Philly’s housing market takes center stage during ‘Bridging Blocks’ event

About a dozen residents participated in Thursday’s discussion inside the Walnut Street West Library in University City.

People discussing housing

WHYY's April 18, 2024 "Bridging Blocks" event centered on the housing market and took place at Walnut Street West Library in University City. (Aaron Moselle/WHYY News)

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Gentrification. Home prices. Tangled titles. Vacant land.

All of it came up Thursday night during a wide-ranging discussion about housing and development in Philadelphia, an often polarizing subject in the nation’s poorest big city.

Without any private developers or real estate investors in the room, the two-hour conversation, part of WHYY’s Bridging Blocks initiative, lacked some of that tension. But the dialogue in University City wasn’t short on passion as attendees talked about the city’s weak housing market, how that market has directly impacted their lives and their struggles to afford home repairs.

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It unfolded as the city continues to experience a housing crisis marked by a limited supply of affordable units for low-income residents. Thousands of residents are also cost-burdened, meaning more than a third of their income is used to pay for housing.

People discussing housing
WHYY’s April 18, 2024 “Bridging Blocks” event centered on the housing market and took place at Walnut Street West Library in University City. (Aaron Moselle/WHYY News)

Susan Cochrane, a longtime renter in West Philadelphia, said rising property values in her neighborhood have forced her to move more than once over the years. She’s worried she’ll soon be completely priced out and finding an affordable place to live will be challenging.

“I had to move from apartment to apartment at one point because they kept getting bought up from under me and we were told to move,” Cochrane said.

Amid rising prices and lagging wages, a third of homeowners and half of all renters are paying more than they can afford for housing, according to a recent report from the Philadelphia Coalition for Affordable Communities.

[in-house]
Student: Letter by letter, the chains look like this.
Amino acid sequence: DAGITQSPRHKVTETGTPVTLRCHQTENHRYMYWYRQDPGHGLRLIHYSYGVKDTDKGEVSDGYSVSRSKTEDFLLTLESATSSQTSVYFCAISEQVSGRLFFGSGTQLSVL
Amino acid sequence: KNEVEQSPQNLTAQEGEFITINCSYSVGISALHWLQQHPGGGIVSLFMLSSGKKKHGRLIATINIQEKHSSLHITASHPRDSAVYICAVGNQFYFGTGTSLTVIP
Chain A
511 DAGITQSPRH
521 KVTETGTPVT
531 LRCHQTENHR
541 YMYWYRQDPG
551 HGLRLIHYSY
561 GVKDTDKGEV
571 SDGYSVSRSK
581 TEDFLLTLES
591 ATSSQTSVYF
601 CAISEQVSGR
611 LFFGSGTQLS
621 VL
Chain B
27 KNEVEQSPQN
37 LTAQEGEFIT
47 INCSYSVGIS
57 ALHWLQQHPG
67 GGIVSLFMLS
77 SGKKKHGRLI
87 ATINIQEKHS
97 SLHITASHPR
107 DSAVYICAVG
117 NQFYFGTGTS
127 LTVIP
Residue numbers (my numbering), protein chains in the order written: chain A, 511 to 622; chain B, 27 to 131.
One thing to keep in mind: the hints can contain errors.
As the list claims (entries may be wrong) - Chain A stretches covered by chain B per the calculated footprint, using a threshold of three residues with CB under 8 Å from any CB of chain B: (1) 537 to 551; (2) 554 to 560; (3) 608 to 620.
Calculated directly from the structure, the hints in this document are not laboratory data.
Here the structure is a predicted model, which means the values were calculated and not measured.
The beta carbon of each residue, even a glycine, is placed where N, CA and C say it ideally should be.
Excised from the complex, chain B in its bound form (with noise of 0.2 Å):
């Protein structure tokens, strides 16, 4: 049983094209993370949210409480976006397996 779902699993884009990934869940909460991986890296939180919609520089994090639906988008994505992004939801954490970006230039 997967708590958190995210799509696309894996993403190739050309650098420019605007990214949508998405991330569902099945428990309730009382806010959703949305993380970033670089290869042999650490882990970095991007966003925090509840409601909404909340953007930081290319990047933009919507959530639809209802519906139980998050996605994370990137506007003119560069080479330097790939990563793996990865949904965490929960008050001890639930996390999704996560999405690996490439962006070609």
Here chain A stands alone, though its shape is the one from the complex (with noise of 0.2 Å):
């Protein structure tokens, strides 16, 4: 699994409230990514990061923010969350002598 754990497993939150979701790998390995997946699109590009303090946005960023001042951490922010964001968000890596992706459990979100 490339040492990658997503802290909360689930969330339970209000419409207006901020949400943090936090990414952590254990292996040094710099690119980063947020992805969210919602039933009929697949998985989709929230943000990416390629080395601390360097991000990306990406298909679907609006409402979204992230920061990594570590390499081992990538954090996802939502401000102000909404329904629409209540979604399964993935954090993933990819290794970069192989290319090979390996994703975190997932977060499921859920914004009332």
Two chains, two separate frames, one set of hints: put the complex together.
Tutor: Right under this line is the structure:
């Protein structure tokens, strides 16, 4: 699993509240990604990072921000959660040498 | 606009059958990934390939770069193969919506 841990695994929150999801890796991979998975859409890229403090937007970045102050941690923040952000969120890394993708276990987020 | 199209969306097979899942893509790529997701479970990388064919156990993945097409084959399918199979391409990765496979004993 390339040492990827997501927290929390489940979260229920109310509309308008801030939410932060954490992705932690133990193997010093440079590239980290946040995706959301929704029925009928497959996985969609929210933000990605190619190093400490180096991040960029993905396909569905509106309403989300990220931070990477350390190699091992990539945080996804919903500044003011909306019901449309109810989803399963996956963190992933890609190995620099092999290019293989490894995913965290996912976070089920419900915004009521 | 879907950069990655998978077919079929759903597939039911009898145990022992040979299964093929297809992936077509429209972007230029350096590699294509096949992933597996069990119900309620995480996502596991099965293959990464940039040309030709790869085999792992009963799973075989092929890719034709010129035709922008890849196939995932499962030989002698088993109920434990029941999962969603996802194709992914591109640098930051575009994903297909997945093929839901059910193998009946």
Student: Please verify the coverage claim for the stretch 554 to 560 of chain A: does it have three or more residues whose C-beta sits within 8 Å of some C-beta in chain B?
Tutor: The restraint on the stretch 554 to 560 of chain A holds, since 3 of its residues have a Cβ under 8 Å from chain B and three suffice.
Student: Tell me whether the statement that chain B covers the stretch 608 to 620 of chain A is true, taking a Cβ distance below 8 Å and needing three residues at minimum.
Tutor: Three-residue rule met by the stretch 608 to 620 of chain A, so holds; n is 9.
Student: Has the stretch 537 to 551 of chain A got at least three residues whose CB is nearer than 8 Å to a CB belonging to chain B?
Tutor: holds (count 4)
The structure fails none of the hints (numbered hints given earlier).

In City Council’s 3rd District, where the library is located, 54% of renters and 30% of homeowners were cost-burdened by housing in 2022, according to the report. This as parts of the district swiftly gentrify, including University City.

Against that backdrop, Eric Evans and Toi Hutchins are both looking to buy homes in Philly.

Hutchins hopes to buy a property of her own in Overbrook Park or Wynnefield, the area where she raised her children with her late husband. She’s taking the next year to prepare for that purchase, hoping that mortgage rates drop a bit between now and then.

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She’s not overly optimistic, but she doesn’t want to miss a window of opportunity if it comes along.

“I’m hoping that as volatile as the housing market has been, that maybe it comes down a bit, because I’m looking at what the houses are going for,” Hutchins said.

The average rate for a 30-year fixed mortgage is around 7%, a figure that has contributed to an affordability crisis in Philly and across the country. High mortgage rates and overvalued homes have also created an inventory crisis as many homeowners have decided to stay put rather than move into a property with a more expensive mortgage.

Like Hutchins, Evans is trying to remain optimistic about the undertaking despite those conditions. “I just have to keep faith and hope alive,” he said.

Thursday night’s conversation also touched on how expensive it is to resolve a tangled title. The alliterative term is used when a homeowner’s legal claim to a property is not reflected in official records.

Having a tangled title often prevents people from selling a property, taking out a home equity loan, obtaining homeowner’s insurance or participating in home repair programs.

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